By mtjulietintern

Kenny Martin

With all the recent tragic fatal accidents that involve teens across the country, I thought it would be a good time to remind all parents about teen driving contracts.

As we all know, when a teenager first learns to drive, it can be a parent’s worst nightmare or blessing. All parents worry constantly about their teenage drivers, especially the first time they turn them loose on their own.

That’s why you, the parent, may want to try a new concept. The concept is called teen driver contracts. This is a signed agreement between the new teen driver and the parents or guardians. The contract will hopefully make the process easier and more comfortable for all in-volved parties.

The contract states the obligations and responsibilities the teen or young driver will abide by and honor or risk losing their driving privileges. The contract holds the teen or young driver accountable for his or her actions and cuts down on time-consuming debates about not knowing and “if you’d only told me” excuses.

You may think to yourself, I don’t need a driving contract. Your teen may even tell you that other parents don’t have contracts with their teens, but you need to stick to your guns. A driving contract could save your child’s life or the lives of others. Young drivers need to understand the seriousness of driving and the possible consequences for violating the rules.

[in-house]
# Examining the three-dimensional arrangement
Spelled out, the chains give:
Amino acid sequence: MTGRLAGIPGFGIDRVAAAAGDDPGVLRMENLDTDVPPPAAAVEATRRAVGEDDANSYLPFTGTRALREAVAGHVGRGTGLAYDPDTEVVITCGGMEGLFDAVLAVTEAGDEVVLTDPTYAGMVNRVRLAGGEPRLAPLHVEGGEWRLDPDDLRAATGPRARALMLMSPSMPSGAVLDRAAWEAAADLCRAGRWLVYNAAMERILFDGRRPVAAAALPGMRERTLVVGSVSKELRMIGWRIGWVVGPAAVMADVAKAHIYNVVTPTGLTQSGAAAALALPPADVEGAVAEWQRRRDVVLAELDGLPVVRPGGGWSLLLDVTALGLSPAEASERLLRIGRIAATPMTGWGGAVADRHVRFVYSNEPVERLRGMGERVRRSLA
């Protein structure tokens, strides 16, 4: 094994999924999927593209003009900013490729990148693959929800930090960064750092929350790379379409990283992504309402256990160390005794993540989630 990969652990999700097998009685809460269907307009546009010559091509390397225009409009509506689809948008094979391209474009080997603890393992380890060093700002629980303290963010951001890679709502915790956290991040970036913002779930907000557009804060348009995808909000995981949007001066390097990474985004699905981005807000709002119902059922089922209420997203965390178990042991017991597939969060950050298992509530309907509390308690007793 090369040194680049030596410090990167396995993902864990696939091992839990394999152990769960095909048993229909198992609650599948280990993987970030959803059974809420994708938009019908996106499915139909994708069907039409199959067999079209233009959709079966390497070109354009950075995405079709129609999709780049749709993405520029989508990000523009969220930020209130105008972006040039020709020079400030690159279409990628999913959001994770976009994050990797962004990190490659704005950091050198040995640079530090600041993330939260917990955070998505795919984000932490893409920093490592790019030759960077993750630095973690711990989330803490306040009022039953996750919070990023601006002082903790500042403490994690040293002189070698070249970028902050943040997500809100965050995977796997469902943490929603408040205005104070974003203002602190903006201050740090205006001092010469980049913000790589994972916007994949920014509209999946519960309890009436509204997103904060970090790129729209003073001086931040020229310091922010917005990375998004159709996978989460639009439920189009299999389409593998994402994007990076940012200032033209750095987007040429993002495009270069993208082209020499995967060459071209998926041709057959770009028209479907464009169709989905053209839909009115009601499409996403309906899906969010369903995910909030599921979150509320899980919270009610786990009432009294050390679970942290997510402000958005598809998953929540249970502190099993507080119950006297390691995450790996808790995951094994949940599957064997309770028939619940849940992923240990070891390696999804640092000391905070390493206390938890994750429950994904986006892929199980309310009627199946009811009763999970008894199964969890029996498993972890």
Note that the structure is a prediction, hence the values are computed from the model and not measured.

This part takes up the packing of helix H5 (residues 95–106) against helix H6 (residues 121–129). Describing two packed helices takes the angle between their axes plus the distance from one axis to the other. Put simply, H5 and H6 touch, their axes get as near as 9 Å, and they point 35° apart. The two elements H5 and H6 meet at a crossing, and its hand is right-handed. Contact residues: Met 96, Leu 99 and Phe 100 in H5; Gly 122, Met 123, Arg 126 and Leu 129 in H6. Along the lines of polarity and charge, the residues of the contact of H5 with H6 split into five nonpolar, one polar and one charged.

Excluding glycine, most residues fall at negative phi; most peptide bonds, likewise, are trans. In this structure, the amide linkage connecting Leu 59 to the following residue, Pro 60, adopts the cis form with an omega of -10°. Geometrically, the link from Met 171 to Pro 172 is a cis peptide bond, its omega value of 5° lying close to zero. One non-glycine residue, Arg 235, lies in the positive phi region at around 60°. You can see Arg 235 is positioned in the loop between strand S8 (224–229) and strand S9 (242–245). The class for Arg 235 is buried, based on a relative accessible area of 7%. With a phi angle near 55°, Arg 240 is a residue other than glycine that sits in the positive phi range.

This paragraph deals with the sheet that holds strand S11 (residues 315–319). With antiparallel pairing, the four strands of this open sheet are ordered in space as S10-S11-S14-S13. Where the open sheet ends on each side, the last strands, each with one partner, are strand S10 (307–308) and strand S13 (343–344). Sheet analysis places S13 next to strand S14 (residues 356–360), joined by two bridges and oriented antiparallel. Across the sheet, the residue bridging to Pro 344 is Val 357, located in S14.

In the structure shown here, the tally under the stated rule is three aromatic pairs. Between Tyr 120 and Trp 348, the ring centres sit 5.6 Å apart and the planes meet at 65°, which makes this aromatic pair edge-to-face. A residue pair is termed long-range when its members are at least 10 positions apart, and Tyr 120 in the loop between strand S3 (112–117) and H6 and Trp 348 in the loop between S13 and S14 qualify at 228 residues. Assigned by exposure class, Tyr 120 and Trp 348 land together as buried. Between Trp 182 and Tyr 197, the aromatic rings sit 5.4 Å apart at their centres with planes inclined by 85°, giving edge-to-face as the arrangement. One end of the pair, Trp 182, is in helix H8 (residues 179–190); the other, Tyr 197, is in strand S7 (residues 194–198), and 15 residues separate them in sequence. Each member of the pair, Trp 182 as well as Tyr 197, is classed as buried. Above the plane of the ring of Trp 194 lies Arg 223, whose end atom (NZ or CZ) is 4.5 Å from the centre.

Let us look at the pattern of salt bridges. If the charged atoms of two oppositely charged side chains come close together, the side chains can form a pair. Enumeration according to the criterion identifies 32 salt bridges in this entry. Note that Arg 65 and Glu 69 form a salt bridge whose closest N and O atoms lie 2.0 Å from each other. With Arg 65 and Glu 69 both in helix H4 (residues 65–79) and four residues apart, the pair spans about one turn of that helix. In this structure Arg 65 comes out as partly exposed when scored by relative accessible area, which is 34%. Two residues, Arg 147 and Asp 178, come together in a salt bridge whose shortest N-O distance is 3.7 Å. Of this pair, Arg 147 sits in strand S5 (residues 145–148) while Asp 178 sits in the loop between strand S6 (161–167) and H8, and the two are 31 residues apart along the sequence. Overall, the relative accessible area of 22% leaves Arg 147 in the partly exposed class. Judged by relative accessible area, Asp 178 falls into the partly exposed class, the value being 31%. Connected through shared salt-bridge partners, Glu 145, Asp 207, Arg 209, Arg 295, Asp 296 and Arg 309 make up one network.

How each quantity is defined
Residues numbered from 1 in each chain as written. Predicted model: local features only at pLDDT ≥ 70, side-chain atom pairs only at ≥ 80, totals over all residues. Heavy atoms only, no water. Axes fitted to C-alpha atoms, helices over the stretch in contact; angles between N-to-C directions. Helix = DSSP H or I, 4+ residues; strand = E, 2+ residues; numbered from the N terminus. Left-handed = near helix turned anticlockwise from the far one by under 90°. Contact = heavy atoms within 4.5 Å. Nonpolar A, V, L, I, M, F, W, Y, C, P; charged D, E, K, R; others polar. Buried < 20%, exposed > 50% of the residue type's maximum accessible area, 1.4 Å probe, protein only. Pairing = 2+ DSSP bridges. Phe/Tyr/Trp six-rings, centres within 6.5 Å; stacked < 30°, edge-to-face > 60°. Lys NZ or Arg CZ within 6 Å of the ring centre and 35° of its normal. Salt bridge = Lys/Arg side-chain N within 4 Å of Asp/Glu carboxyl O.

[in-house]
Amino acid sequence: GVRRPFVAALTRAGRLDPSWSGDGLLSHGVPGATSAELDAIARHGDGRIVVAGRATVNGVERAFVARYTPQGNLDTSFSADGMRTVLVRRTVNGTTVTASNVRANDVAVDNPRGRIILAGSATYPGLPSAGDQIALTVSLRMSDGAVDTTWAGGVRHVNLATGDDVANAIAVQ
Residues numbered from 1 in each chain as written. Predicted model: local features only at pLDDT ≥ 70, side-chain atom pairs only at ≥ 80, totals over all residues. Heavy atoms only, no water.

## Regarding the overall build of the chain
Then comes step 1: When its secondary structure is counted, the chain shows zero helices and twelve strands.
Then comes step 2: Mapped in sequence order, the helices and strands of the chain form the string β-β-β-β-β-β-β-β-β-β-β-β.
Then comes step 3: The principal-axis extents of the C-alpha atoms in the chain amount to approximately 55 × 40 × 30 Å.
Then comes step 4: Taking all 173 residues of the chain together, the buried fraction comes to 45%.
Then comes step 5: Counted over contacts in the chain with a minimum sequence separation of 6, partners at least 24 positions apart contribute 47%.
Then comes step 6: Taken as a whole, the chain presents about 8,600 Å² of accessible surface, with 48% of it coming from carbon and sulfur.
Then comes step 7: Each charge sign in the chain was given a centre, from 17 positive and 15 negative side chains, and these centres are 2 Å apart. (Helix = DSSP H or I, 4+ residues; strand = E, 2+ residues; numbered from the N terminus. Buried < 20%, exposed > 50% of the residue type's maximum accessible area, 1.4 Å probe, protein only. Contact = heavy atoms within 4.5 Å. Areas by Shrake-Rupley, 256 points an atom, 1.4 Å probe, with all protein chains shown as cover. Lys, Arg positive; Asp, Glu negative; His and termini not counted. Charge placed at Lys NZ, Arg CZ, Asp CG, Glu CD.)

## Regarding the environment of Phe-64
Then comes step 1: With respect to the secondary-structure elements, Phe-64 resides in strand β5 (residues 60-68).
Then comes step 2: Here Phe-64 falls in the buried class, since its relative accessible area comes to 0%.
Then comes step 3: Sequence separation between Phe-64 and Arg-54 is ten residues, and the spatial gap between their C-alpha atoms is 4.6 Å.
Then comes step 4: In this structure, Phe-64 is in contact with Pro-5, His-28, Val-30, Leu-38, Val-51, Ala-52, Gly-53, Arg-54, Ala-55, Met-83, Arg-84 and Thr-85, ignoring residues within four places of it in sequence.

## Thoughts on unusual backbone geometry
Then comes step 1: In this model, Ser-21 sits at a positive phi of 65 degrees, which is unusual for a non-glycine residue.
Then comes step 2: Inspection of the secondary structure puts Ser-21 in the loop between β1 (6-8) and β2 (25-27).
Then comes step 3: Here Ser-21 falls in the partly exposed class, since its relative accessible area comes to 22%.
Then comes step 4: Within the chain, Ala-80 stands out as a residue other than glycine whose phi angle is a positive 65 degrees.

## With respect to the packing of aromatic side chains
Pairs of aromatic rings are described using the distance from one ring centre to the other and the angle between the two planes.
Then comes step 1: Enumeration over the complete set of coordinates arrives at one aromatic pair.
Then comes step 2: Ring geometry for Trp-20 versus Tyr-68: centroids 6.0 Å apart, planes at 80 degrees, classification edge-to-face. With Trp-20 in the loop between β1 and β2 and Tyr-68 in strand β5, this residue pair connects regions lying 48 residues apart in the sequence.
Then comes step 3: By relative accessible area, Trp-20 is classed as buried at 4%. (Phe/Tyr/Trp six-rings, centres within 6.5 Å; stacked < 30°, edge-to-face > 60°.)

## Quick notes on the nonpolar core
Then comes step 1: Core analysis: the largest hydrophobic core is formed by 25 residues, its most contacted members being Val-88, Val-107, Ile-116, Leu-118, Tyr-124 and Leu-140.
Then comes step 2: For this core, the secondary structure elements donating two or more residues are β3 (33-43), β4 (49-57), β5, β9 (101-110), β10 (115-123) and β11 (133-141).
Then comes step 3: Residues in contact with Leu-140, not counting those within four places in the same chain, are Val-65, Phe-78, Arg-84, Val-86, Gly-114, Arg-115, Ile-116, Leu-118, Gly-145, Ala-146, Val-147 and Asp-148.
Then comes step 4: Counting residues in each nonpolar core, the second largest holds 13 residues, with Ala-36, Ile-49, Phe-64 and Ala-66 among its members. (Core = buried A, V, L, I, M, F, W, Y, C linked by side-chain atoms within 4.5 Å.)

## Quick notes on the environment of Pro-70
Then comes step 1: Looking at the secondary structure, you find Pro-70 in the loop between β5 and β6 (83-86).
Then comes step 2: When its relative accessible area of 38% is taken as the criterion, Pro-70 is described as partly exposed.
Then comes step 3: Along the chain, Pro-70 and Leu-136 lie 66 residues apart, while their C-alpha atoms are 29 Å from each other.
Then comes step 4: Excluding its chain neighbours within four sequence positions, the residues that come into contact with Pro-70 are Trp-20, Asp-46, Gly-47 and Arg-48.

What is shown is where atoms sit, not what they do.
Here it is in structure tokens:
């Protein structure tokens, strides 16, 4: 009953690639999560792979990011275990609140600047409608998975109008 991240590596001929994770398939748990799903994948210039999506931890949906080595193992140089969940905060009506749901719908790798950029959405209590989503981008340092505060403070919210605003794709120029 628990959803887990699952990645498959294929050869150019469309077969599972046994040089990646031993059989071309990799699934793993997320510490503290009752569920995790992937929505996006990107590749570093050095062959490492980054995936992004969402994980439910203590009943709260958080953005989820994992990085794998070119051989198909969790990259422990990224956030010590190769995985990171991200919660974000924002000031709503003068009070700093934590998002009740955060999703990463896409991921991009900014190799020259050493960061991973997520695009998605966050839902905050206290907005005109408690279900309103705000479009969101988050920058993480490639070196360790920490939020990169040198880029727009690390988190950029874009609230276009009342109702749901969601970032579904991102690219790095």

For example:

• automobile accidents are the leading cause of death in young people.

• teenagers are less experienced, more impulsive, have less developed judgment and are much greater risk of getting involved in car wrecks.

• young drivers have overly casual attitudes about driving or worse, an attitude of driving as an entitled right, as opposed to an earned privilege.

• all parents wish to do everything they can to protect their children. But parents sometimes fail to take teenage driving as seriously as they should. Others recognize the seriousness of the problem but do not address it systematically and firmly.

• parents often resort to lecturing and to vague statements such as “You can drive when you show us you are responsible.” They often are not sure what rules they should establish, how to enforce them and how to communicate them clearly.

A teen driving contract lets the young driver know that you take driving very seriously and that driving is a serious matter. It also prevents unclear rules, confusion about rules and gives parents a way to clarify their thoughts about driving and get them down on paper. The contract also helps with enforcement of the rules. Teenagers’ cloudy and vague memories about initial rules put in place are quickly diminished when a signed and agreed upon contract is brought to the table. It also lets the young driver know the seriousness of signing a binding contract.

In closing, for parents or guardians interested in receiving a teen driving contract, contact Sharon at City Hall at 615-773-6204. The contracts are free of charge.

Kenny Martin is city manager in Mt. Juliet.